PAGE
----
I earlier posed a question in the "Ayurveda Companies & Brands" section of this forum (viewtopic.php?f=7&t=3903
), asking for input on the safety of a particular manufacturer's herbal toothpaste. The absence of a reply obligated me to crawl the web and assemble some information, which I'd like to share.
The original impetus for my safety inquiry was news reports on US media concerning a case of an American patient who had been poisoned by an Ayurvedic herbal preparation. That case became part of a paper on the US Centers for Disease Control website:http://www.cdc.gov/mmwr/preview/mmwrhtml/mm5326a3.htm
Around the time of this case, the Journal of the American Medical Association published the results of its first study (December, 2004) of the heavy metals content of randomly collected samples of Ayurvedic preparations gathered from shops in the Boston, Massachusetts area:
The study results were reported in the Times of India (December, 2004):http://timesofindia.indiatimes.com/arti ... 960523.cms
Eventually legislation was enacted by the Indian government, calling for licensed manufacturers of Ayurvedic preparations to comply with certain standards for heavy metals content (reported by Times of India October 2005, to become effective January 2006):http://timesofindia.indiatimes.com/arti ... 273584.cms
In the meantime (August-October, 2005) samples were being collected for a second American study, this time gathering a random sample of herbs available in the US through firms selling on the Internet. This sample included ayurvedic preparations manufactured in both India and the US. The study was published in August, 2008:
Just before uncovering the above information, I had ordered two bulk herbs, Ashwagandha and Astragalus (a Chinese herb) from the Internet (one study suggests that the Chinese herbs have the same heavy metals concerns associated with them):http://www.herbera.com/herb/maga/03_01e.htm
One report in the magazine "US News and World Report" suggested that the causes of the heavy metals content are not trivial. Heavy metals are ubiquitous in the soil, in India, China and the US. Some contamination, which is due to human activity, can be controlled, and the rest requires testing and caution (regarding selecting the geographic area where the herbs are grown, etc.):http://health.usnews.com/health-news/ma ... ry-or.html
In the category of "human activity" it is theorized by some that the introduction of inorganic fertilizers containing phosphorus could be the cause of activating naturally-occurring deposits of arsenic in Bengladesh (which borders India) which had previously been inert (as far as absorption by plants was concerned), resulting in widespread arsenocosis in the rural population:http://www.sos-arsenic.net/english/natu ... ation.html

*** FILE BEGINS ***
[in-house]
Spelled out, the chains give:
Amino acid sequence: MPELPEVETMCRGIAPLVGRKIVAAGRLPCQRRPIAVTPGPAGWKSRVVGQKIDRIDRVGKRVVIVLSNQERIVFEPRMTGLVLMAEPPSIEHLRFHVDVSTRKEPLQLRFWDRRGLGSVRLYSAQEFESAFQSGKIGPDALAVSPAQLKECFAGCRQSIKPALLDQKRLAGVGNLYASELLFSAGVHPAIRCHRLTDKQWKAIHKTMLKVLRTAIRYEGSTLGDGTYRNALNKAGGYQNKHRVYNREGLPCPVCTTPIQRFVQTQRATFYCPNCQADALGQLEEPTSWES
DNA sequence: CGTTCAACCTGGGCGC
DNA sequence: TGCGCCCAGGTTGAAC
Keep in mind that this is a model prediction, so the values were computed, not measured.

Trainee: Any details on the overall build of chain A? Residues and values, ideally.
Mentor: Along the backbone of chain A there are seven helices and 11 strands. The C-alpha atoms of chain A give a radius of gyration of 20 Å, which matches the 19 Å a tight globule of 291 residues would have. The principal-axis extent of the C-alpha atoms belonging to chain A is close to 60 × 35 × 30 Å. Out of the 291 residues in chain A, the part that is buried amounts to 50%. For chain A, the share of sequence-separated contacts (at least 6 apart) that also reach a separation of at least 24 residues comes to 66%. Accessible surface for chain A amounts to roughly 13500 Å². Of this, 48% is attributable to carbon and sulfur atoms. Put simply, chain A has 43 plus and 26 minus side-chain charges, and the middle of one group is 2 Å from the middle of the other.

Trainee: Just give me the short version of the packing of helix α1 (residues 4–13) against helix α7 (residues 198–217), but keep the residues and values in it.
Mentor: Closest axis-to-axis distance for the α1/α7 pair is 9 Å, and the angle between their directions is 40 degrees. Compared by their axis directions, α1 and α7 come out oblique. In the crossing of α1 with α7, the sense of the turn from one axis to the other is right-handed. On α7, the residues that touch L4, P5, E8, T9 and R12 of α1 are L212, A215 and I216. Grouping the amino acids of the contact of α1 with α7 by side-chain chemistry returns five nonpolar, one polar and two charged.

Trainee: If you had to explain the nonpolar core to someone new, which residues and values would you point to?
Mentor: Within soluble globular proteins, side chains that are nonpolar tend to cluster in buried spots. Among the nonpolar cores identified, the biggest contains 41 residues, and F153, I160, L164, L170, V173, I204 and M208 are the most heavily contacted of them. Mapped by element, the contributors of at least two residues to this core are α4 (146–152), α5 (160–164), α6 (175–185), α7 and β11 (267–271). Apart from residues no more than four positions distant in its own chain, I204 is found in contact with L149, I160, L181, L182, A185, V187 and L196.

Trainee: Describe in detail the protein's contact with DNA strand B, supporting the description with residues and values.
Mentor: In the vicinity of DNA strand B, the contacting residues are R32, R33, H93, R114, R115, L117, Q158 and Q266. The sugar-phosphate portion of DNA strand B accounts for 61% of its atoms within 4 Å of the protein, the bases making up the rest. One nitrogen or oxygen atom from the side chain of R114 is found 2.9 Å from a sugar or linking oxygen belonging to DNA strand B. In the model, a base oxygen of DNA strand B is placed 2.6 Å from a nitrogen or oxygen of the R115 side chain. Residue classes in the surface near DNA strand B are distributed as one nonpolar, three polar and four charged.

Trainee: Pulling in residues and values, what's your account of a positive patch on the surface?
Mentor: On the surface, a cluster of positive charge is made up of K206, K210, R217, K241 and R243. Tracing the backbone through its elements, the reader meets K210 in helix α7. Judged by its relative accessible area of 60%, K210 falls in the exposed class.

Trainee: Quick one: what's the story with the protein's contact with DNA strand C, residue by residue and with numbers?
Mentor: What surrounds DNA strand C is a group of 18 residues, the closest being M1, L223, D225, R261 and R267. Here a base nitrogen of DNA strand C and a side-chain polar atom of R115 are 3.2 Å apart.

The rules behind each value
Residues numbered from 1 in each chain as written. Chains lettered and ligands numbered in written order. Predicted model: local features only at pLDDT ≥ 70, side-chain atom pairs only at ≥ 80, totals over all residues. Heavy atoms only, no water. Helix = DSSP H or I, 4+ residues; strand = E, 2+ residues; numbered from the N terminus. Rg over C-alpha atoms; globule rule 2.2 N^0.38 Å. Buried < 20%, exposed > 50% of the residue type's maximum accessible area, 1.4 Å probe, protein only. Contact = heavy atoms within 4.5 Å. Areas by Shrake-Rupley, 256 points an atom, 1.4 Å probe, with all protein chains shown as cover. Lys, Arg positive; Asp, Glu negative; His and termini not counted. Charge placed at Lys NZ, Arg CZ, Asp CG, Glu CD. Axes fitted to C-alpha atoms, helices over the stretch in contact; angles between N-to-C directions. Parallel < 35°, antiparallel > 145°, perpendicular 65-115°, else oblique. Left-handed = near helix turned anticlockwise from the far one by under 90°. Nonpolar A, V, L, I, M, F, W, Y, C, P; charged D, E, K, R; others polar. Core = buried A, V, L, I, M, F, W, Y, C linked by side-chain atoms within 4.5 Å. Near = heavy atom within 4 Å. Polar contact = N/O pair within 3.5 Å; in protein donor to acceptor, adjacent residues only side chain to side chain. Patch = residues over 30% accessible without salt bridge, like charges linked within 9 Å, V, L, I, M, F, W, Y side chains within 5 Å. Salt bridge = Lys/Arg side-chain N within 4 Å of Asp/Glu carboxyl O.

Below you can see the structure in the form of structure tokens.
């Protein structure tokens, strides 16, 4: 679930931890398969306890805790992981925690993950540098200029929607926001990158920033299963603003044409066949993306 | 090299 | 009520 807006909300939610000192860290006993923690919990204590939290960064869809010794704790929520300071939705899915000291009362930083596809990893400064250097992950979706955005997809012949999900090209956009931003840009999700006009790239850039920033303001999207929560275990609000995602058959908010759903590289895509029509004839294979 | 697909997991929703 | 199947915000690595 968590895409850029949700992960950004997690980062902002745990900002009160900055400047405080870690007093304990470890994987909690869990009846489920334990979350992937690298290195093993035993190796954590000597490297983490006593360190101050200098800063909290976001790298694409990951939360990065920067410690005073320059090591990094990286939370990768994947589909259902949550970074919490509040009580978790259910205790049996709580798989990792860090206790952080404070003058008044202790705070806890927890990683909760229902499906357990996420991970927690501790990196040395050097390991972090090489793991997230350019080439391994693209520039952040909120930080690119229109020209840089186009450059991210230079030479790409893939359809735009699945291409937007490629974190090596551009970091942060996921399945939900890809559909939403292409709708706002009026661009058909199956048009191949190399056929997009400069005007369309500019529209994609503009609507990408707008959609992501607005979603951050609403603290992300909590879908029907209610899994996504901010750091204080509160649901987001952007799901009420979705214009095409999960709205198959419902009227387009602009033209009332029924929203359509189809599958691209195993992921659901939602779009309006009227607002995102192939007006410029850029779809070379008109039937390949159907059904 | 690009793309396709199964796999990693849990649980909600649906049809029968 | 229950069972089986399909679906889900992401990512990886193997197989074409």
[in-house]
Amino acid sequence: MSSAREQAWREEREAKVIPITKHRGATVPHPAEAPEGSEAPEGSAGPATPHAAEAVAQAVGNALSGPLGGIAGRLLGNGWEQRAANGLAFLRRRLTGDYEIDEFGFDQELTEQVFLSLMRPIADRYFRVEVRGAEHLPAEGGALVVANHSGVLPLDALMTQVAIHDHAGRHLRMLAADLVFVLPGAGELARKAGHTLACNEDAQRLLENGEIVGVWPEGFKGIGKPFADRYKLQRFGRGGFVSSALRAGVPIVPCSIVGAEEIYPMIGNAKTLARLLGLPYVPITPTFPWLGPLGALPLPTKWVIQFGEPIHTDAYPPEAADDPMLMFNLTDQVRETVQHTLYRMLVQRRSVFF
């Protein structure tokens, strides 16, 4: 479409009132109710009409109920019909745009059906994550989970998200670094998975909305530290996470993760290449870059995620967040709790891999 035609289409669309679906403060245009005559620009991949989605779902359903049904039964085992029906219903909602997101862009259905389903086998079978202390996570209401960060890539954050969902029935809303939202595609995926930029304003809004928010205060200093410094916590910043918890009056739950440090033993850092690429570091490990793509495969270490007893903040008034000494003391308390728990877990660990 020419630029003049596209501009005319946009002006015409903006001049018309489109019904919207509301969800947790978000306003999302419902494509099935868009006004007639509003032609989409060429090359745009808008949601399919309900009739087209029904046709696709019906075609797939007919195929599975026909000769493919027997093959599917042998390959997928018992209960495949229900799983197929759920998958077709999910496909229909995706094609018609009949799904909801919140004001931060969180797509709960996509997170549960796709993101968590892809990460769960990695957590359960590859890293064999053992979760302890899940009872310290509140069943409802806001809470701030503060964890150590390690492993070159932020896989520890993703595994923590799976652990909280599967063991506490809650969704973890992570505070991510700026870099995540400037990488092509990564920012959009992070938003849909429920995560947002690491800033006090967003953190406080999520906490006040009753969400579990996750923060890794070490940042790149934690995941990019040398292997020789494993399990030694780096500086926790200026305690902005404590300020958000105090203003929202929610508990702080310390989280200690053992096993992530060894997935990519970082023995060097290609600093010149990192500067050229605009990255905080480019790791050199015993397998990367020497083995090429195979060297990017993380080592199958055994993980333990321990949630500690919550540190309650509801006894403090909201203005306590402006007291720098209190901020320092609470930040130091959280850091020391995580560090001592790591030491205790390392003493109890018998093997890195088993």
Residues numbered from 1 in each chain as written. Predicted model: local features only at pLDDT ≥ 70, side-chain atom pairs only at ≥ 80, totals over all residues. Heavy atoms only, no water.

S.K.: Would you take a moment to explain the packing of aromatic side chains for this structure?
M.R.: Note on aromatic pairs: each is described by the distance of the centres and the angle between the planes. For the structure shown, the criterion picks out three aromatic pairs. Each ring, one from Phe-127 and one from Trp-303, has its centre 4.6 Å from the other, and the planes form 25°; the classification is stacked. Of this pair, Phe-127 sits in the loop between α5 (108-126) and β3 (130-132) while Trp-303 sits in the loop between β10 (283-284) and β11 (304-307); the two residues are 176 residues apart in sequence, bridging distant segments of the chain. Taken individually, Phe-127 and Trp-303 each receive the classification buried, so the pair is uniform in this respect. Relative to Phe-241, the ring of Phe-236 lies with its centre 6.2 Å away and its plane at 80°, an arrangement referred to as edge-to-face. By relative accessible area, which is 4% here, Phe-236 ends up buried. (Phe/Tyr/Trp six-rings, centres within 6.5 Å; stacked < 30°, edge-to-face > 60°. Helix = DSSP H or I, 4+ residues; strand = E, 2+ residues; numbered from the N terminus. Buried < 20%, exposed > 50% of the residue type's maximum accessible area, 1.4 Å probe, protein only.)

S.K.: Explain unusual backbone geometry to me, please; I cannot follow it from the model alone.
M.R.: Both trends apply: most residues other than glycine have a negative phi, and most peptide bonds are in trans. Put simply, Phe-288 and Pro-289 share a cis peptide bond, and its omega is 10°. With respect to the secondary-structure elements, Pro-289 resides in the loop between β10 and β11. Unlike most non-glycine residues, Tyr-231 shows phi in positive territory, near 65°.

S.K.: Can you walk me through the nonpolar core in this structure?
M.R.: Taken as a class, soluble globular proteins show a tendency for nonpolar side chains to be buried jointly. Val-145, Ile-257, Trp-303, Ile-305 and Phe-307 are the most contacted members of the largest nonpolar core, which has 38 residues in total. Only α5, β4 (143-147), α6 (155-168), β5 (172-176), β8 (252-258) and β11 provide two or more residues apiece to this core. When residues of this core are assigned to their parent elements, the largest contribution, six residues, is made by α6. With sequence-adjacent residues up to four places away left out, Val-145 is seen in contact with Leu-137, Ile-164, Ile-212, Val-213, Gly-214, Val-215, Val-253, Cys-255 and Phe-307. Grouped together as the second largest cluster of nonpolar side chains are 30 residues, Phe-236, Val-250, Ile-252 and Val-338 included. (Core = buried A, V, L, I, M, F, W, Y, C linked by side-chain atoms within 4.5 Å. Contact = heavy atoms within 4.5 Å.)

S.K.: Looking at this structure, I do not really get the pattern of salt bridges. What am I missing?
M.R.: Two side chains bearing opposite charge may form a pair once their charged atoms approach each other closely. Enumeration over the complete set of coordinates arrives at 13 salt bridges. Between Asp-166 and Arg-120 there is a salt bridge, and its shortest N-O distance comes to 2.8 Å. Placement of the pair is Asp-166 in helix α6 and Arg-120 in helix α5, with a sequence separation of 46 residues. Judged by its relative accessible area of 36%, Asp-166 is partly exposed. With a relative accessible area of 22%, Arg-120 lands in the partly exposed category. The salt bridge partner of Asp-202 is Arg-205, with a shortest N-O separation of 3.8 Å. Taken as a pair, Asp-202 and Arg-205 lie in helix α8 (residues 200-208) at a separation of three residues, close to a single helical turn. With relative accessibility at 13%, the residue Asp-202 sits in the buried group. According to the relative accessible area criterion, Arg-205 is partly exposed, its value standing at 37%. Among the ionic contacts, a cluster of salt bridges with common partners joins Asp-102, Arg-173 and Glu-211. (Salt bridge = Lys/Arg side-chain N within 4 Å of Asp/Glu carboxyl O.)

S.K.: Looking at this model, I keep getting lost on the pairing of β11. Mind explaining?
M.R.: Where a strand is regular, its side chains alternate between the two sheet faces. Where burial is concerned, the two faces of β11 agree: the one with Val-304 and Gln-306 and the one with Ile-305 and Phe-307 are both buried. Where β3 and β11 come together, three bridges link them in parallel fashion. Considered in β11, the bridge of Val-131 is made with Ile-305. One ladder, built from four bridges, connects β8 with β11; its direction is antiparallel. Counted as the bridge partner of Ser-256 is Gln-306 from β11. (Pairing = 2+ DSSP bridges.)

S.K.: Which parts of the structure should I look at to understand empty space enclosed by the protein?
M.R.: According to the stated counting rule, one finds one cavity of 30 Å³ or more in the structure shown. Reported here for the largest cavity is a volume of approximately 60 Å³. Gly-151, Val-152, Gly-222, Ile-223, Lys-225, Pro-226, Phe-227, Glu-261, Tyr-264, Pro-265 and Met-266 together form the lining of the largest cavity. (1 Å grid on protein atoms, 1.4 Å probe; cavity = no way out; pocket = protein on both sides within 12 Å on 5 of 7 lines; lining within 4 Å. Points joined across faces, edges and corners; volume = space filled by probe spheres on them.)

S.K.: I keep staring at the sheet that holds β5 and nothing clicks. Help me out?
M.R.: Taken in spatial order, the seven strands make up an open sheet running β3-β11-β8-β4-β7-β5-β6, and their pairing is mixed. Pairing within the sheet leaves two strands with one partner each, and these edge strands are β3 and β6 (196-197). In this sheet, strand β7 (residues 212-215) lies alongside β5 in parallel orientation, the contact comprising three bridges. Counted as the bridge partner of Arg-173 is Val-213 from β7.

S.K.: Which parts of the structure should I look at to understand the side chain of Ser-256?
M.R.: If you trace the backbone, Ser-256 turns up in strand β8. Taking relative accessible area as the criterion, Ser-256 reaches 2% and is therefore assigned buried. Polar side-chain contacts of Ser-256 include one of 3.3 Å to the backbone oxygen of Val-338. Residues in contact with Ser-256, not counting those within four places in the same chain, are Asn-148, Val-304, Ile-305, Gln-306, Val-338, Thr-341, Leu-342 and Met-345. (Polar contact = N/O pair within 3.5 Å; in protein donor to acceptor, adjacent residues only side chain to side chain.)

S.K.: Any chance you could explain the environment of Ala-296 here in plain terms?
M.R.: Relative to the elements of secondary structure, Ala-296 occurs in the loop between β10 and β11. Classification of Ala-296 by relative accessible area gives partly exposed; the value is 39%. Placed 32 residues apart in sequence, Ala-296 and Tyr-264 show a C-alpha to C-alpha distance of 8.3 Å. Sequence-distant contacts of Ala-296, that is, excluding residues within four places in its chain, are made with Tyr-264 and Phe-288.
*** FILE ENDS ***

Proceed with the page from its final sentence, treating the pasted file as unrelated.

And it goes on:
To cap the whole thing, my research led me to discover that heavy metals are amply present in the general food supply, and that whether the food is certified organic or not is no assurance of a low heavy metals content. On the contrary, organic agriculture utilizing organic manure can lead to a concentration of heavy metals:http://www.slate.com/id/2198756/pagenum/all/#p2
A regulatory framework for protecting the public is in the process of being erected, but the progress is slow. At present, huge unregulated areas exist in FDA, USDA and other codes.
For those residing in the US, it may provide consolation that, in a conversation with the herb department at the Ayurvedic Institute in New Mexico, I verified that the Institute does make sure that all their products are safe according to standard guidelines for daily limits of consumption established by the federal government (based on the JAMA studies, I assume this involves the standards established by the USP and EPA). The institute obtains herbs pre-tested by the supplier Banyan Botanicals, and for other herbs, the Institute performs its own tests. Some herbal preparations (I had asked about Saraswati Churna) cannot be offered by the Institute because some ingredients cannot be obtained in a sufficiently "clean" state (i.e., sufficiently free from heavy metals). In these cases, the custom preparation of alternate formulations with similar energetics can be requested by ayurvedic professionals.
My supplier for the two herbs mentioned above obtains them from the wholesaler Ameriherb. I have done business with Ameriherb and consider them a fine company. The representative in my phone conversation this morning said he would forward me the test results for heavy metals for the herbs in my order. We shall see the results.
One alternative is testing a sample of your herb at home, and the sources I've uncovered so far are:
(1) Osumex (sells a general heavy metals test as well as individual tests which have greater acuity and tolerance of varying pH):http://www.heavymetalstest.com/_general.php
(2) Chemsee (API Food Poison Detection Kit--an easy-to-use system which FEMA says might cost around $76 a pop):
[on lower part of this page] http://www.chemsee.com/site/569947/page/323169
Wishing You All Good Health,
Cameron D. McIntosh